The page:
The bunnies are out and about, and I worry for them. The tiny balls of fluff have ventured from beneath the backyard plywood platform they’ve claimed as home, in search of grass and other edibles. And there, not far off, lies Sierra. The first time I glimpsed her from my window, lying there serenely watching bunnies who were no more than 25 feet away, I thought, Oh! I had it wrong. Her prey drive really isn’t what I thought. The next time I looked more carefully, and realized that her seemingly lackadaisical stare was anything but; she was conserving energy as she waited for those bunnies to venture far enough away from shelter to pounce on them. So far the bunnies are fine. But Sierra is patient, and I fear it’s only a matter of time.
My husband sees Sierra’s true hunter nature on their morning hikes in the mountains that surround our home. Nose to the ground, she intently follows scent trails, and attempts to stick her nose into holes that are surely sanctuaries for critters who don’t want to be bothered. I’ve asked my husband to please deter her, as sooner or later she will find something–and it’ll bite back!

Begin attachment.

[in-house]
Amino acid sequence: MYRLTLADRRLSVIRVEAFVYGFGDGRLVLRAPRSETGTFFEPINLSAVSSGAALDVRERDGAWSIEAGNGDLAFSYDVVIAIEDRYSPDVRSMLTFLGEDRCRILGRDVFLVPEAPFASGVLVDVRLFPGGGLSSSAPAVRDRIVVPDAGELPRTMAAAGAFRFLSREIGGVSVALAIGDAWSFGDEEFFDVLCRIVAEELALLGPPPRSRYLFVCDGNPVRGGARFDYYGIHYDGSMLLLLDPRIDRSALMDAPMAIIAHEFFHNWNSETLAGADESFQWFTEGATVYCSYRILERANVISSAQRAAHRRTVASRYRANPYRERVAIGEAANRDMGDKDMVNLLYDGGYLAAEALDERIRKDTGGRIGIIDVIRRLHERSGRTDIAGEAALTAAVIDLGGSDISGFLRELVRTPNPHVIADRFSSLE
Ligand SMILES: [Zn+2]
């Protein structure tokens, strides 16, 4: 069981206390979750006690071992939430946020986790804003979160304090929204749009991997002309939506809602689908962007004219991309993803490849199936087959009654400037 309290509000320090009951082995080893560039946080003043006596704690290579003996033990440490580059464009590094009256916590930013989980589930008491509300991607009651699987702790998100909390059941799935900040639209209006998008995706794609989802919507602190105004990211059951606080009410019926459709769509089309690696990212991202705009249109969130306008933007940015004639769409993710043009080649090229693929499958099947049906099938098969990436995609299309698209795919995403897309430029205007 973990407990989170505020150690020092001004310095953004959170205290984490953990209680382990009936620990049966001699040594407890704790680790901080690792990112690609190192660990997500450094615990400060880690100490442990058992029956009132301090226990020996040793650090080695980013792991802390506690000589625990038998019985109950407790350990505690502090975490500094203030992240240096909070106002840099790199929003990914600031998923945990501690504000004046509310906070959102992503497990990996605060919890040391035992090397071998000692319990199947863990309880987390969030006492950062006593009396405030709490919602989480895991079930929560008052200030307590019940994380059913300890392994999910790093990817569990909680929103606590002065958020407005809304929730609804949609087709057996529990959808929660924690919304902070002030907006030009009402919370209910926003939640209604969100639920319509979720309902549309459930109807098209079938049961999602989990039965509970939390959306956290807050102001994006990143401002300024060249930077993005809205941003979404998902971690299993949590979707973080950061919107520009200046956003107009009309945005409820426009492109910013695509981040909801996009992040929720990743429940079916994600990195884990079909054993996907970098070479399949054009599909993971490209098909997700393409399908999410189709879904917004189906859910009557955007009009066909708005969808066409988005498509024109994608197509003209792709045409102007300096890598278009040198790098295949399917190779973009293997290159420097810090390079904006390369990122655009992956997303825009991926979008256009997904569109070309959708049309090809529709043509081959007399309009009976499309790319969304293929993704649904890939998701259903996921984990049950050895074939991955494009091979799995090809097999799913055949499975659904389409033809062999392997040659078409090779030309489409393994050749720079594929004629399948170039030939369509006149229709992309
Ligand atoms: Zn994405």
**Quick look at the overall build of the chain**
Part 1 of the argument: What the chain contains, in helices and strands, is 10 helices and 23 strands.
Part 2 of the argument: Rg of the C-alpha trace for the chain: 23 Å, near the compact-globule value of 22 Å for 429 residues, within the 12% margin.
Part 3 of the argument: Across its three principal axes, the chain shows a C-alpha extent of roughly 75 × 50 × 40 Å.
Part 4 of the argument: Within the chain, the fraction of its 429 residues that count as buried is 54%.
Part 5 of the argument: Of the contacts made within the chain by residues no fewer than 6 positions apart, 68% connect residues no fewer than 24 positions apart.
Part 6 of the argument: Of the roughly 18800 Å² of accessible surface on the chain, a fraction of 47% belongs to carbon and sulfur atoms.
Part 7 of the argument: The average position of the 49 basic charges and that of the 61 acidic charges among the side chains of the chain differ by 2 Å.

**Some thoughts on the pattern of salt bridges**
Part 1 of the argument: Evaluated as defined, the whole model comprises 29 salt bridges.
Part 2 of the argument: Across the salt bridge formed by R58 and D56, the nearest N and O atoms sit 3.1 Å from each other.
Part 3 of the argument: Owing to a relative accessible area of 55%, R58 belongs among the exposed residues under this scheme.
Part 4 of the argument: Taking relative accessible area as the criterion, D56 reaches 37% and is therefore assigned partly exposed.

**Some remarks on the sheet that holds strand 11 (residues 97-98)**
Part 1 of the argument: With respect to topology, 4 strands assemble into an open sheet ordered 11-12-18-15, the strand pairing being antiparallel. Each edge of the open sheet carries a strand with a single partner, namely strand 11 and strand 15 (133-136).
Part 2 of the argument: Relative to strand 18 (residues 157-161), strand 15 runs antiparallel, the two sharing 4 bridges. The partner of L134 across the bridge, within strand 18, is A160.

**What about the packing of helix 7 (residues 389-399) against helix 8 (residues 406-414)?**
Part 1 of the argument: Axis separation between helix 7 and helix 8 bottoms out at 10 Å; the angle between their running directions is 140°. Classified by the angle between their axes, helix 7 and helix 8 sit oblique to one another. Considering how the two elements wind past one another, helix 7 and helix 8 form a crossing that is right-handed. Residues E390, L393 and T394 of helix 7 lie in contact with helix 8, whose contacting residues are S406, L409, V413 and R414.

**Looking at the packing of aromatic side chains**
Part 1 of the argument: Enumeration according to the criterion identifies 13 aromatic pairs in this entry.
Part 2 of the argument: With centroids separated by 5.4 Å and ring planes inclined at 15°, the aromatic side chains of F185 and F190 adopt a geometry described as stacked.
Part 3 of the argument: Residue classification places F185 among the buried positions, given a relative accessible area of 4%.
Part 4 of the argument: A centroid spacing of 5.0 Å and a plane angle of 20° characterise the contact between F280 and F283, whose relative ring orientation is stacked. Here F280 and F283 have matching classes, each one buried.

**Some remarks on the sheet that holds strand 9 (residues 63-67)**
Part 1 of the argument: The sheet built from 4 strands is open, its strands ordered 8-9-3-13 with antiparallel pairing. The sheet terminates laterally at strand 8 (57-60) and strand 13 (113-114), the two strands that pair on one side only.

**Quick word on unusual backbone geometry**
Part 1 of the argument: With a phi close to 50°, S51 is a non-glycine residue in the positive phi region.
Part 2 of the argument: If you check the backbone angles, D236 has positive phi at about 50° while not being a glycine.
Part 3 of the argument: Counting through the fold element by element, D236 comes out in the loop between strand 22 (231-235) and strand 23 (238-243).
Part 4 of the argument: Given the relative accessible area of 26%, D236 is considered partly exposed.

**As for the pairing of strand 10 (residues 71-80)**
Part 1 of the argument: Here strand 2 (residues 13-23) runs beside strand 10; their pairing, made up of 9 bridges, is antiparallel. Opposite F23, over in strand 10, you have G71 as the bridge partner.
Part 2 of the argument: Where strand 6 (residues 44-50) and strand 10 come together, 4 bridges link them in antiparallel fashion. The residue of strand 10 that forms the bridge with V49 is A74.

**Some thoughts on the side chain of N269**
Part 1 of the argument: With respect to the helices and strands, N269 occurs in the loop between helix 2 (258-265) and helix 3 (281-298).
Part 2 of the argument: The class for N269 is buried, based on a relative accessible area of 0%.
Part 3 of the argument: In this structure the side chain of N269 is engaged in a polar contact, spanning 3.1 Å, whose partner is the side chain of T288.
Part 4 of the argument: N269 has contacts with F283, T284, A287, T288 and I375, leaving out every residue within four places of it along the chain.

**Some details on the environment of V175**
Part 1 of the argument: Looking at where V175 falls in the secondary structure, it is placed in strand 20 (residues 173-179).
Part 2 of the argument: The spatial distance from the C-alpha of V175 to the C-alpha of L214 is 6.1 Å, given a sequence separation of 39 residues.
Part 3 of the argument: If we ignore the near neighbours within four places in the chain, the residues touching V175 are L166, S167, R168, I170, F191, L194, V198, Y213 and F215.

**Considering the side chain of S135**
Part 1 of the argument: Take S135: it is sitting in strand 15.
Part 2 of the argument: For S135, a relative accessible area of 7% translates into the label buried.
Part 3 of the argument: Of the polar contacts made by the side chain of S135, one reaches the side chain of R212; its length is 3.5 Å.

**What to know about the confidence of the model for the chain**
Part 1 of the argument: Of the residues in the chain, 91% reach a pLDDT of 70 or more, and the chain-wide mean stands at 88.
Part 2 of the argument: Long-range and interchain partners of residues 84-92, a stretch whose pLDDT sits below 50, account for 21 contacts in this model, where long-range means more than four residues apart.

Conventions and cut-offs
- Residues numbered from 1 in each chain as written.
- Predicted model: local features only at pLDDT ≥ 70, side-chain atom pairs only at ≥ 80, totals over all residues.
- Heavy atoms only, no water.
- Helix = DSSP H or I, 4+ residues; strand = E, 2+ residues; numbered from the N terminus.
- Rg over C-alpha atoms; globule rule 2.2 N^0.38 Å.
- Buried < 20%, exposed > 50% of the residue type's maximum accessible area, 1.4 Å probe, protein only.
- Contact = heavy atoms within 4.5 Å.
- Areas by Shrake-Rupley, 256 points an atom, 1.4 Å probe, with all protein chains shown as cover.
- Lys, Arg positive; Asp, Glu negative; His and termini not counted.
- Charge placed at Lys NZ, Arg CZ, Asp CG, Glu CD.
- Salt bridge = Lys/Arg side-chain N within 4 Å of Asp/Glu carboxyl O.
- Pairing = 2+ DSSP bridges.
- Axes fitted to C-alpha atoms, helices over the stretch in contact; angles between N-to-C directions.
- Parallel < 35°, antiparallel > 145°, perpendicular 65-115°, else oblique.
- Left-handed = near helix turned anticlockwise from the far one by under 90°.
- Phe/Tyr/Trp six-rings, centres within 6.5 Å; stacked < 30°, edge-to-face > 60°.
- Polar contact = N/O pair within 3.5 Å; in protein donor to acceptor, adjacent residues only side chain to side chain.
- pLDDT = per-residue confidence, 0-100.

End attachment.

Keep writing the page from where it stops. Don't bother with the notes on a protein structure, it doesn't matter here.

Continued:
Not everything that lives in these mountains is small, either. Coyotes are encountered fairly regularly. It’s a good thing Sierra is on a long line, because she tries desperately to go after them, even when there are two coyotes together. The girl’s got prey drive! This will all be a moot point come mid-April when the rattlesnakes start making their appearance; the mountains will be off-limits then, until the frost returns.
So where does that prey drive originate? I recently sent off a Wisdom Panel DNA sample. I couldn’t resist—I really want to know what Sierra’s made of. Of course, the testing process isn’t perfected yet, and the degree of certainty depends partly on the prevalence of one breed over another. Still, it will be interesting to learn the results. I’m guessing she’s partly sheltie or collie, and possibly husky and German Shepherd. Whatever she is, there’s a hunter in the mix for sure.